Good morning!


The UC Food Observer chooses some important stories for you to read each work day. On today’s packed menu, in no particular order:


Breaking news. Monsanto sweetens its offer to Syngenta, valuing the firm at $47 billion. This piece by Mike Stone (@MichaelStone) and PJ Huffstutter (@PJHuffstutter1) appears in Reuters. And this: “Big Food” has been affected by the recent stock market plunge. Learn more by reading this informative piece penned by Dan Mitchell (@TheFoodEconomy); it appears in Fortune.


Profiles: Paul Dobbins, kelp farmer. How to feed the world, with a little kelp from our friends. Nathanael Johnson (@SavorTooth) writes for Grist. A stellar read: we learned an awful lot! Achievement in innovation: UC Davis professor R. Paul Singh has been named the 2015 World Agriculture Prize laureate. Among his accomplishments? The creation of a food-processing system for a NASA’s mission to Mars. Singh’s work bridges food science/technology and biological/agricultural engineering. Katie L. Strong (@katlelstrong) profiles Singh and his work in a piece for The Sacramento Bee. #GlobalFood


Research. A conflict of interest? Should companies like Coca-Cola fund anti-obesity research? Claire Suddath (@clairesuddath) explores the complex issue of how industry influences research; the piece has broad implications. From Bloomberg Business. Other research: Even light and moderate consumption of alcoholic beverages (defined as up to one drink a day for women and two a day for men) might increase the risk of cancer, per two large U.S. studies. BBC News health editor Michelle Roberts reports. From Fast Company: How smarter school architecture can help kids eat healthier food. From the cafeteria to the garden, a rural Virginia school got a redesign to tackle childhood obesity. Architects worked with public health researchers. #goodread.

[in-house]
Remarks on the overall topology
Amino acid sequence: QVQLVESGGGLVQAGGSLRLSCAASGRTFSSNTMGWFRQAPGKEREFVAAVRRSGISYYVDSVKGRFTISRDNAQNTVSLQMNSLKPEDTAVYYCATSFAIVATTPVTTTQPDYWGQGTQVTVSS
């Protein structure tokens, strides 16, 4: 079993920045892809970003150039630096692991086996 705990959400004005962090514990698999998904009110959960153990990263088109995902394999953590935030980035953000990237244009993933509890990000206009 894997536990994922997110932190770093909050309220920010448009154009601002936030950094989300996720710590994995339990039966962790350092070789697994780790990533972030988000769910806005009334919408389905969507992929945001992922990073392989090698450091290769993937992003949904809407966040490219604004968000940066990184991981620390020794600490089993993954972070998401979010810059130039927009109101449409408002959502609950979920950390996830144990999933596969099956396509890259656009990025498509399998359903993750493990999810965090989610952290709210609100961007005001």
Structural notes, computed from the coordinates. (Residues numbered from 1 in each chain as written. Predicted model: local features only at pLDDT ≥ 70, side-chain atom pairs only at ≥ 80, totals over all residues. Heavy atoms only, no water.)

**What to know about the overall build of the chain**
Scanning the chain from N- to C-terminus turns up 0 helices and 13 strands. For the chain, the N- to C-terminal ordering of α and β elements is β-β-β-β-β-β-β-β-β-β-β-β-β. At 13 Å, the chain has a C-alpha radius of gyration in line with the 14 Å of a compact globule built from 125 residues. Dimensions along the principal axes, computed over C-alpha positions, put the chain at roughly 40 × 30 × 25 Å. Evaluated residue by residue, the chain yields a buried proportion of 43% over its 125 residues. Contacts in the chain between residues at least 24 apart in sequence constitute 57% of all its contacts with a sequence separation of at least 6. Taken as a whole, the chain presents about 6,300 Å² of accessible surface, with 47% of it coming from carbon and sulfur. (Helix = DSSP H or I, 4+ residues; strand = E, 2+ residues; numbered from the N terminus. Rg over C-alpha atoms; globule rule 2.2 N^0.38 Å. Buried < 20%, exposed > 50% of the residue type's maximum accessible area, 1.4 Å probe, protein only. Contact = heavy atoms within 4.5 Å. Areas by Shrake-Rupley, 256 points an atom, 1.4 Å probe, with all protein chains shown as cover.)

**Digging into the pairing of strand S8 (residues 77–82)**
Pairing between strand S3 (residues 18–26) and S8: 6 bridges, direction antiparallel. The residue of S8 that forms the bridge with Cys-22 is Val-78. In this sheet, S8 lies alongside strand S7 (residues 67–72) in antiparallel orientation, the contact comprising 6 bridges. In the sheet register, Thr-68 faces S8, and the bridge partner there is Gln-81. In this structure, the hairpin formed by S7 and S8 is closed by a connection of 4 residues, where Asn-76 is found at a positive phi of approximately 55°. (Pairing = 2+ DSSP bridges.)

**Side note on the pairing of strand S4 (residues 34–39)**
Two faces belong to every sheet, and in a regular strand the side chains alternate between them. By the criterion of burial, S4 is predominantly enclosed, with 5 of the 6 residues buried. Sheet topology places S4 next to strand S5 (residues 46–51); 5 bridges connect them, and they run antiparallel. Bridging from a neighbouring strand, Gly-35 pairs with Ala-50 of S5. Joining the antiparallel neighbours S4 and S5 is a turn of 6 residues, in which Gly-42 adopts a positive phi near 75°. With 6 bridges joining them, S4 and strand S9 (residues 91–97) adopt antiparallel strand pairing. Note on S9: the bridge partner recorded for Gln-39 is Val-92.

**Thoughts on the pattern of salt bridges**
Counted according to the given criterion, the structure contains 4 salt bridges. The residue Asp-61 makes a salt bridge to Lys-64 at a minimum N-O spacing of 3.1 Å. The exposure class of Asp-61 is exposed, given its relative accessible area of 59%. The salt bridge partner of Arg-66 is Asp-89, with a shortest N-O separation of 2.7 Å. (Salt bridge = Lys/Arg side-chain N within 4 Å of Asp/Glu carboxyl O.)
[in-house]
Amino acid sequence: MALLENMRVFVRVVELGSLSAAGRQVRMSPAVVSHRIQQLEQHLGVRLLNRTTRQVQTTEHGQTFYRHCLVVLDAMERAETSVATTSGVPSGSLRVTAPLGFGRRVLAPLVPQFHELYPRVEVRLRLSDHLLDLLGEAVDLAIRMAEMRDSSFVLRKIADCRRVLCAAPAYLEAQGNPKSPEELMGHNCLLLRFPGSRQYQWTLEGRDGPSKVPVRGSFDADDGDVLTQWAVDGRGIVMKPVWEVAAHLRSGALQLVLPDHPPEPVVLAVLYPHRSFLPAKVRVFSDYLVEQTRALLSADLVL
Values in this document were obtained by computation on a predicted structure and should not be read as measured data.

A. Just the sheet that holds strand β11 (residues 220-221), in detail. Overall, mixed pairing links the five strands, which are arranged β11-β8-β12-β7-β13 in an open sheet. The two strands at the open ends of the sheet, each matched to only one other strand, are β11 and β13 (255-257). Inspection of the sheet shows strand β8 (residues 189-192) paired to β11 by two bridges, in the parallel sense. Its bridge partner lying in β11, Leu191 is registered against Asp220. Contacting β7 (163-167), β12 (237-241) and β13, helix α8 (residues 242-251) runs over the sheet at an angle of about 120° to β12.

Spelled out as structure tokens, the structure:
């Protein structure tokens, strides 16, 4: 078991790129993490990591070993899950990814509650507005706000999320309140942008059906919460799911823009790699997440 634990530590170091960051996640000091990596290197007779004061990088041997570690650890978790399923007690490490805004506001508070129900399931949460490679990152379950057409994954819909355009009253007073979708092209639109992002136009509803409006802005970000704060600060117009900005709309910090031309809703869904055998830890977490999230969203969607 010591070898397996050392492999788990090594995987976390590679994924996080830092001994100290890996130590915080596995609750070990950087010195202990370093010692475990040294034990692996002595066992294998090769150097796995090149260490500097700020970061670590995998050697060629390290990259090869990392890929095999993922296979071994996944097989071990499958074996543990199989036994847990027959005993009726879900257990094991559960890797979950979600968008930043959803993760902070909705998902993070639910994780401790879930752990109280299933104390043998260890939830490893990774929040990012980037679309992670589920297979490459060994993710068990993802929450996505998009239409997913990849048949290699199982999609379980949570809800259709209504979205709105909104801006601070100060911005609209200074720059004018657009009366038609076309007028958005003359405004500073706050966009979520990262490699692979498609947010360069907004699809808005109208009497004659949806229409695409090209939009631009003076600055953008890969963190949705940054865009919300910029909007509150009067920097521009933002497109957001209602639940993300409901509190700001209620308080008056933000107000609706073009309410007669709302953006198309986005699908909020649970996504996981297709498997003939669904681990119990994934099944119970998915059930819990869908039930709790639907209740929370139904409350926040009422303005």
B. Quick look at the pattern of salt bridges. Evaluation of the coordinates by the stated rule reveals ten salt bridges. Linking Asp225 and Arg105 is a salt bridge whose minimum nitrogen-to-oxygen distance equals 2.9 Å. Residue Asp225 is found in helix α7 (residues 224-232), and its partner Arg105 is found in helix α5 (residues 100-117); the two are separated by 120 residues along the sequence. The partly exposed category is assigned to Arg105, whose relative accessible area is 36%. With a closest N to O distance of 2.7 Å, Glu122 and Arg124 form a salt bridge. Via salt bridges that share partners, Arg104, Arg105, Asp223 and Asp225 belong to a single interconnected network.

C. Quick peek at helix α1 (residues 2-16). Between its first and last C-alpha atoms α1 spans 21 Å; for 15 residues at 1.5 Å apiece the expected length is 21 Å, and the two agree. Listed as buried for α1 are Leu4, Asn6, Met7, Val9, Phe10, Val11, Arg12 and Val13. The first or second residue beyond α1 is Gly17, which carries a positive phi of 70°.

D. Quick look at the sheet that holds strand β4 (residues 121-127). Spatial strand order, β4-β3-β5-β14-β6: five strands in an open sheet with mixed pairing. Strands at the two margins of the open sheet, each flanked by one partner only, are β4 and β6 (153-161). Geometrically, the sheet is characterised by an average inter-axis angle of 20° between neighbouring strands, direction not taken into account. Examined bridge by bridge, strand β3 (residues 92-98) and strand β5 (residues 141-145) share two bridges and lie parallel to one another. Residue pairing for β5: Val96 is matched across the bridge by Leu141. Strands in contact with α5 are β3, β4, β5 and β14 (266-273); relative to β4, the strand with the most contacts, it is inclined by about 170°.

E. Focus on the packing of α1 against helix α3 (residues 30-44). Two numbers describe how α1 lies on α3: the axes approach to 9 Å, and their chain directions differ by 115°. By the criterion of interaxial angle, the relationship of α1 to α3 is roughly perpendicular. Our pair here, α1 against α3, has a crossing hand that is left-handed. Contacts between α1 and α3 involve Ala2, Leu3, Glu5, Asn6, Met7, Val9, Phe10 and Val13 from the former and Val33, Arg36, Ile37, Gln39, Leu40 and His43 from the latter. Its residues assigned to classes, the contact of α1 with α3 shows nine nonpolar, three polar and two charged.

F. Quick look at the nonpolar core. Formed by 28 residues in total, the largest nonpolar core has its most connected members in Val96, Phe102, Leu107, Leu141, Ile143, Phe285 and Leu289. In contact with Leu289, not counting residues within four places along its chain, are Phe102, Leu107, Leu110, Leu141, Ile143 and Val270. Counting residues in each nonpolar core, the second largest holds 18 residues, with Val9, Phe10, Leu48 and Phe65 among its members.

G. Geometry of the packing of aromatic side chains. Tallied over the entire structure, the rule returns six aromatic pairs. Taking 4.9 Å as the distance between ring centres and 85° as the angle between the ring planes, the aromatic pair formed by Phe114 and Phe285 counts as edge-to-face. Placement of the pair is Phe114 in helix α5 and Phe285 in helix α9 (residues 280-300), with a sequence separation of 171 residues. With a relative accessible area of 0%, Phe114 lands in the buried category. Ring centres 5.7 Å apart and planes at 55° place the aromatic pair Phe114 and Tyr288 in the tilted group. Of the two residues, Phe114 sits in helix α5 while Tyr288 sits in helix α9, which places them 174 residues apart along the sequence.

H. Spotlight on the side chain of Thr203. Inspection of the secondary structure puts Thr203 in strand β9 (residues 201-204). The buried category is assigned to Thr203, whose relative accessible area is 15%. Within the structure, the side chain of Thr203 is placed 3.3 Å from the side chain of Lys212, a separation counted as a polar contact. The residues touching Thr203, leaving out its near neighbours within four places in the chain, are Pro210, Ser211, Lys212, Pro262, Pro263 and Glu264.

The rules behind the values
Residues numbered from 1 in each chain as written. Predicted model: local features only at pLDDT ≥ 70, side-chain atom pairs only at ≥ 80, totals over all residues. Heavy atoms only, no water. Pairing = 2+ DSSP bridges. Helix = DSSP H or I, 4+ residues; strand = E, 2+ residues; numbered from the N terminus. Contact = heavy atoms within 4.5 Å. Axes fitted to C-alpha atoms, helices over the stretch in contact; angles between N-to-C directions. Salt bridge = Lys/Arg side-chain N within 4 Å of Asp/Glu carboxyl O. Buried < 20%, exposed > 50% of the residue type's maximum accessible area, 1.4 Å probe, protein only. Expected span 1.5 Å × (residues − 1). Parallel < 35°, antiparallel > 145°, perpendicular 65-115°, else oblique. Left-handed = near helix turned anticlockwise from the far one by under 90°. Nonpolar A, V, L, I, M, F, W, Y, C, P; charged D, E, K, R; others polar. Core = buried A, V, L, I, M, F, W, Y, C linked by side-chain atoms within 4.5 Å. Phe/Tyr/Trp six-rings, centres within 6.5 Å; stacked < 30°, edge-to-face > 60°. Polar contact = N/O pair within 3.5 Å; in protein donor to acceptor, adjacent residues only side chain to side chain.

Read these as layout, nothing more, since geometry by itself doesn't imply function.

Helping others. Thirty years ago, musician Willie Nelson joined forces with John (Cougar) Mellencamp and Neil Young to offer a fundraising concert to help family farmers. Farm Aid was born. As the event celebrates its 30th anniversary, Andrew Amelinckx (@TheAmelinckx) looks back at what its done for farmers…and how it continues to serve. This piece appears in Modern Farmer. A #longread and a good one.  In Washington, D.C., Martha’s Table provides access to fresh fruits and vegetables for low-income residents through pop-up farmers markets. Christine Ayala (@christine_ayala) reports for The Washington Post.


Resource available: Calling all culinary historians, food writers and others interested in primary sources. The Manuscript Cookbooks survey website has a database of pre-1865 English-language manuscript cookbooks available. The site also has a nice blog (we wish there were even more entries…fabulous subjects and writing!) and an adapted recipes section (it’s great). The glossary is a superb tool for food historians and those interested in foodways. Thanks to Bill Keogan (@BillKeogan) for the tip.


We hope you have a great day.